SARS-CoV-2 genotyping has been instrumental to monitor virus evolution and transmission during the pandemic. The reliability of the information extracted from the genotyping efforts depends on a number of aspects, including the quality of the input material, applied technology and potential laboratory-specific biases. These variables must be monitored to ensure genotype reliability. The current lack of guidelines for SARS-CoV-2 genotyping leads to inclusion of error-containing genome sequences in studies of viral spread and evolution.
A team led by researchers at SOPHiA Genetics used clinical samples and synthetic viral genomes to evaluate the impact of experimental factors, including viral load and sequencing depth, on correct sequence determination using an amplicon-based approach. They found that at least 1000 viral genomes are necessary to confidently detect variants in the genome at frequencies of 10% or higher. The broad applicability of our recommendations was validated in >200 clinical samples from six independent laboratories. The genotypes of clinical isolates with viral load above the recommended threshold cluster by sampling location and period. This analysis also supports the rise in frequency of 20A.EU1 and 20A.EU2, two recently reported European strains whose dissemination was favoured by travelling during the summer 2020.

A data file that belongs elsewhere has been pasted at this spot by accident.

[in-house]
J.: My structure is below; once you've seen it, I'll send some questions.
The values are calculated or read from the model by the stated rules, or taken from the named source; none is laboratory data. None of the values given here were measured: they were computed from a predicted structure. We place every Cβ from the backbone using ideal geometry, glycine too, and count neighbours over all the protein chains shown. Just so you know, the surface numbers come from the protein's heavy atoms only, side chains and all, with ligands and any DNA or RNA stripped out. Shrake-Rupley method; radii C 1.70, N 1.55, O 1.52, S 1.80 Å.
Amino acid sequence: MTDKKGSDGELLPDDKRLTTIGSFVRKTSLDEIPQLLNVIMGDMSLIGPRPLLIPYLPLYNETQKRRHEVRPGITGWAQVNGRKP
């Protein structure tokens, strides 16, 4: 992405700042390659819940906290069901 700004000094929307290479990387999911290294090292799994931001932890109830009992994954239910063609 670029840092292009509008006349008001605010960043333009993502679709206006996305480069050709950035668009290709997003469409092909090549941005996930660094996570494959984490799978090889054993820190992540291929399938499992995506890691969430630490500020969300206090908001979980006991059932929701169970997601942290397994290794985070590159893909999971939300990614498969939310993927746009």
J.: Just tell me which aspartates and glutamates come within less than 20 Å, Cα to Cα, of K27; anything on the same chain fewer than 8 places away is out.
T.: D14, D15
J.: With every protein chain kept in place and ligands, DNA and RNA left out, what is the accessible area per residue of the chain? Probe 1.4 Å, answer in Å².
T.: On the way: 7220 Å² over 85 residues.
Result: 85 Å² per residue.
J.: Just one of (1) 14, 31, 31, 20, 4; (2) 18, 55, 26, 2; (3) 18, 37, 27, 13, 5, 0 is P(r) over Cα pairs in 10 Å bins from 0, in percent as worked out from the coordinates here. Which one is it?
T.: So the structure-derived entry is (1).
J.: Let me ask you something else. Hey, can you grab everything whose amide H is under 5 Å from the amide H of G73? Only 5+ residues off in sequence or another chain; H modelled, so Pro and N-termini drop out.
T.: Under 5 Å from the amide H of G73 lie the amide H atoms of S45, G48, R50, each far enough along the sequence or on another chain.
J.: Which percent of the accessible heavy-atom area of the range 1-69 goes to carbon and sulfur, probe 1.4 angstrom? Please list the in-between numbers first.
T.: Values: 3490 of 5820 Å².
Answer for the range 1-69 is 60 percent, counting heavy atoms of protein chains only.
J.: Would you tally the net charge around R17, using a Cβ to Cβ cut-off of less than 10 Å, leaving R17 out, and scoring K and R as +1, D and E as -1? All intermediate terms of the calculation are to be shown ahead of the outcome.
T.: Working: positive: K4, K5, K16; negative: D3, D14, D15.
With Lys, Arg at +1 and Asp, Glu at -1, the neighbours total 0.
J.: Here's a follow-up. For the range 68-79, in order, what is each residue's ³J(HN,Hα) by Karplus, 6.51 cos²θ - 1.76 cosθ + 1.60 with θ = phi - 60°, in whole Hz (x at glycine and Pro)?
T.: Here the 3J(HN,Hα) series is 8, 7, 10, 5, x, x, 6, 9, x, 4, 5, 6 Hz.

The researchers present much-needed recommendations for reliable determination of SARS-CoV-2 genome sequence and demonstrate their broad applicability in a large cohort of clinical samples.
Schematic representation of amplicon-based workflow and the source and type of artifacts it can introduce in the sequencing data
The RNA is converted into cDNA and amplified, in two pools, into 343 partially overlapping amplicons (example primer design F1-R1 and F2-R2 shown). After pooling, the amplicons are subsequently converted into sequencing libraries. These two PCR steps can introduce different types of artifacts as illustrated by the panel on the right.